Public opinion should be considered for Cork’s local government reform

CORK based Fine Gael Senator, Tim Lombard, has debated the need for clarity regarding local government reform in Cork, calling for a referendum to provide direction on the issue.

Senator Tim Lombard has said: “The issue of local government has been hampering Cork city and county since the 60’s. A county that is geographically 1/8th of the country with vast growth potential and large urban and rural areas will require a clear plan for future development.

Projected population increases for Ireland have prompted the Government to create a national strategy, the National Planning Framework Ireland 2040, which has meticulous plans and proposals for developing infrastructure and economy etc. as to keep ahead of the envisioned needs of a growing populace.

Creation and implementation of such a plan is dependent on local government structures. As the second main city and largest county, it is critical that we have an immediate and comprehensive focus for Cork’s local government that will enable sustained growth within this framework.

There have been a number of reports completed on local government reform in Cork, all of which have proposed various solutions to the initiative. It is at this time unclear as to how the Government intends to proceed; will the city boundary increase, will the local authorities merge into one all-encompassing council… One thing is certain, the current status quo cannot continue.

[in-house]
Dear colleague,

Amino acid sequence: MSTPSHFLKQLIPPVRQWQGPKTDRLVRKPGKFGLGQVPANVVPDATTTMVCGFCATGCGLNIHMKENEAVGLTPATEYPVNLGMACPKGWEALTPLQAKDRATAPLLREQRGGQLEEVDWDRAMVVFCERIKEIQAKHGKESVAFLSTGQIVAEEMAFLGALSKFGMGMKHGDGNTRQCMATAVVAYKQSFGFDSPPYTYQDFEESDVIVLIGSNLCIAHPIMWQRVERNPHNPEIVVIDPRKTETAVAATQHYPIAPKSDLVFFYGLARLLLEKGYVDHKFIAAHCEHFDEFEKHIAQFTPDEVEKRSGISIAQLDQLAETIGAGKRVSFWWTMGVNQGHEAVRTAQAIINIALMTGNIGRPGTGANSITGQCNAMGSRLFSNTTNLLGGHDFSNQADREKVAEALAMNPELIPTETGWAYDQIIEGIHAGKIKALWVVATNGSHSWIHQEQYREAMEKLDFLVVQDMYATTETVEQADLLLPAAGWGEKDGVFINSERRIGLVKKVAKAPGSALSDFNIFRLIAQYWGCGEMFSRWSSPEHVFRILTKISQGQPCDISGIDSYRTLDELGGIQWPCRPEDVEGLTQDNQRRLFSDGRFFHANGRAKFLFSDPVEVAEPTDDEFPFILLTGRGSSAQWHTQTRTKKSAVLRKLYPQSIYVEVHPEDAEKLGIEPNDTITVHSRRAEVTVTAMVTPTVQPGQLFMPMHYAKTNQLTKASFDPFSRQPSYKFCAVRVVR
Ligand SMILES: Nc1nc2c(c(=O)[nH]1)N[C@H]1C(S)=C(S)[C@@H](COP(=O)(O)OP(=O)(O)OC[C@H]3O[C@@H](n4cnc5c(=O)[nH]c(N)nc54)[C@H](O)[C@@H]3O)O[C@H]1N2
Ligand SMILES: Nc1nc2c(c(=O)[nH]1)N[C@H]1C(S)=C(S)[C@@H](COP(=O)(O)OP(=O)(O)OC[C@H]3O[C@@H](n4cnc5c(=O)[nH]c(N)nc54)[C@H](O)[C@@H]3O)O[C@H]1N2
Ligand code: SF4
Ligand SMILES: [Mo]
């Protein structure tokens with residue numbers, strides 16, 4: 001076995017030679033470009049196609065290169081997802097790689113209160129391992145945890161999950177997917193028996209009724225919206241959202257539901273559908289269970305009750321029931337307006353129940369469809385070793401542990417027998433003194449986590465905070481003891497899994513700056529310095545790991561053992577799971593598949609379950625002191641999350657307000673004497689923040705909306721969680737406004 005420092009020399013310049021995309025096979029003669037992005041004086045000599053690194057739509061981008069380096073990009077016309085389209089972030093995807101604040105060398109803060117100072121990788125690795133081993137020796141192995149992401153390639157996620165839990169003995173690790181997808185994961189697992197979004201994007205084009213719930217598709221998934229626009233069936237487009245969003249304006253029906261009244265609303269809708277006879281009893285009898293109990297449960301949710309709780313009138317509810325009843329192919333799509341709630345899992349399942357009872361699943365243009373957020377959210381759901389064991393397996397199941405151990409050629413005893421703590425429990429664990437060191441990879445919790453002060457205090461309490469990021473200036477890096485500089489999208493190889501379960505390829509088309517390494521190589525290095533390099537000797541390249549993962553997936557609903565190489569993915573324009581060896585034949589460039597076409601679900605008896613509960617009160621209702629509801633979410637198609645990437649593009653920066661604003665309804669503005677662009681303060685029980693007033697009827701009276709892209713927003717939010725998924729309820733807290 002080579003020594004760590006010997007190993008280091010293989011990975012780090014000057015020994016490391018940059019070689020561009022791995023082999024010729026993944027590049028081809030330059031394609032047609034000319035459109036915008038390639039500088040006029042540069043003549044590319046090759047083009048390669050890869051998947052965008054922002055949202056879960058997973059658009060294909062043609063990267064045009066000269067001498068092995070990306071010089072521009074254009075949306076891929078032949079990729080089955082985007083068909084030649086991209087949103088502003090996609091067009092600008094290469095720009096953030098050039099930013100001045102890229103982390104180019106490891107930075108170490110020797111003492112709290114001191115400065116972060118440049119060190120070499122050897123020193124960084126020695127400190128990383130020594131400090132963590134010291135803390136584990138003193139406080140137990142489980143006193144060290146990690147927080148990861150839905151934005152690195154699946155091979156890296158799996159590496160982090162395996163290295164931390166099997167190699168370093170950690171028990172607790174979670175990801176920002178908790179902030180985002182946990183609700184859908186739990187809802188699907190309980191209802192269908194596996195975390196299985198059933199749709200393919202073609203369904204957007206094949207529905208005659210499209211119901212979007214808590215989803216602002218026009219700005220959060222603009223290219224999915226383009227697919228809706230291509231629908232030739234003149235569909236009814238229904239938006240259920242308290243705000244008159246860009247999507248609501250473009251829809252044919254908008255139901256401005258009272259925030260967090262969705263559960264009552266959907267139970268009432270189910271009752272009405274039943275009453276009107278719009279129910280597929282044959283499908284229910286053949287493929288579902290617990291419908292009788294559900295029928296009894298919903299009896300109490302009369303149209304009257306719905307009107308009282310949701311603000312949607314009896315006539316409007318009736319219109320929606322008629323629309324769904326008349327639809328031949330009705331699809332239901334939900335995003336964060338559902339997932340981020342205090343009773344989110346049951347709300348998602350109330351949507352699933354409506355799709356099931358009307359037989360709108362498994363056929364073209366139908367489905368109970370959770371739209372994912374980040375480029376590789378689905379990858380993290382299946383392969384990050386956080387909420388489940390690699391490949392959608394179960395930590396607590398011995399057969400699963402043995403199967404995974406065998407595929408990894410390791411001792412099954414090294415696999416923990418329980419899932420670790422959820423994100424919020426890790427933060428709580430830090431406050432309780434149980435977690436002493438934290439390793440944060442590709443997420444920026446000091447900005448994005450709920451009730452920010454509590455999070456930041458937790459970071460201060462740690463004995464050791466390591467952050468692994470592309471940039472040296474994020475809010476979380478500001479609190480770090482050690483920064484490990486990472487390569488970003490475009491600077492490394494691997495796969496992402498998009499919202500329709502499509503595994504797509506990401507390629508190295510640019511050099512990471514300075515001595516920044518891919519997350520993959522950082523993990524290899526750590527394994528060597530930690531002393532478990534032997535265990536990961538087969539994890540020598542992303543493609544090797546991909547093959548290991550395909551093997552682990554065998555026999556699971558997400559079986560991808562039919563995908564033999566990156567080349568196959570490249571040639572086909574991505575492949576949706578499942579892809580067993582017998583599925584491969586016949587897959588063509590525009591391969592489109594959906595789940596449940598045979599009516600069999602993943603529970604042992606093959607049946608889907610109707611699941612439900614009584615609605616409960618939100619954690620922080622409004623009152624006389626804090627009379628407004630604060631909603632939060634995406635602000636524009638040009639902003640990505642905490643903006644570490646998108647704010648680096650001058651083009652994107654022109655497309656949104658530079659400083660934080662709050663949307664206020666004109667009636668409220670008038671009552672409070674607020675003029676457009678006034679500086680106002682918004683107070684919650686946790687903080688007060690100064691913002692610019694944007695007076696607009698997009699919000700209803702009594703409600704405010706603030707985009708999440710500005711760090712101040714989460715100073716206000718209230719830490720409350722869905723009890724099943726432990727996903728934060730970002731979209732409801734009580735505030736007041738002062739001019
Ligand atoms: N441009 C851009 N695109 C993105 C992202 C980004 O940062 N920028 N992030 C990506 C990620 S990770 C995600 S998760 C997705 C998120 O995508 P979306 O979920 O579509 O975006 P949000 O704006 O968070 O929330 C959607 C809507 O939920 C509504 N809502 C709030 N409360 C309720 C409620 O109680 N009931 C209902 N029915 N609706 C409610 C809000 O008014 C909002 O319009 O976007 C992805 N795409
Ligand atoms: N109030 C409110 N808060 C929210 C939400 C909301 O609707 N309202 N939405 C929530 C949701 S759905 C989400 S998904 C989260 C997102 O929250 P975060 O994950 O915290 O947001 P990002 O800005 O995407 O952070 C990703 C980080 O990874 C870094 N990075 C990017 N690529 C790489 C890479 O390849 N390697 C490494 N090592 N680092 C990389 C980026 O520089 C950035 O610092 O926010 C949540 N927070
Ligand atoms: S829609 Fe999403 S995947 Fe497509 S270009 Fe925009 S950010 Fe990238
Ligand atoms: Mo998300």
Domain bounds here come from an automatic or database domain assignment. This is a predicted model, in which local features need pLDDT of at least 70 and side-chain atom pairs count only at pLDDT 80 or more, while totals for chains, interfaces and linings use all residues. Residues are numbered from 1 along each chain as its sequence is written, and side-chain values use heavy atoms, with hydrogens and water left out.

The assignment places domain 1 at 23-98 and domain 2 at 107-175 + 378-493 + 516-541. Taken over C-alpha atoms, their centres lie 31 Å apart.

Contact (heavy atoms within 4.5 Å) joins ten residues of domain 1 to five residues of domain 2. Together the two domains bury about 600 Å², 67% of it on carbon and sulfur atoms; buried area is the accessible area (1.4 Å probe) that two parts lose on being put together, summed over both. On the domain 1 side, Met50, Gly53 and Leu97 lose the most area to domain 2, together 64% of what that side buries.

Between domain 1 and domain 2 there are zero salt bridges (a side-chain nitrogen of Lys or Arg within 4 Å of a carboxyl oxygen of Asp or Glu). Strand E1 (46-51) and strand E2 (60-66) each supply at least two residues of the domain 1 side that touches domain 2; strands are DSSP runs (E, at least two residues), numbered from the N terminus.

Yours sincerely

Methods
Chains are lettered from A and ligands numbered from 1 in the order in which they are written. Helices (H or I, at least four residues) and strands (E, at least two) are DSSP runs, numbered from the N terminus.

Whilst the academics and officials have submitted their perspectives on the matter, there is one voice noticeably missing; that of the public. Financial and political implications have therefore been explored, but the identity of the people has not.

We people of Cork are proud and patriotic, and an interest in politics runs deep throughout our history and culture. The identity of our diverse population must be protected; the people of Cork will be massively affected by any decision regarding local government reform, why shouldn’t their opinion be invited?

My suggestion to the Minster of Sate for Local Government and Electoral Reform, John Paul Phelan, was that a plebiscite should be carried out to see what the public believe the best solution will be for their city and county.

The Minister has assured me that an implementation oversight group has been initiated to look into the issue of local government reform in Cork, and that any and all relevant avenues, including a referendum, will be considered.

A detailed implementation plan is anticipated for early autumn with the focus of resolving the local government issues. I hope that this will provide clarity and focus for the future development of Cork city and county.”

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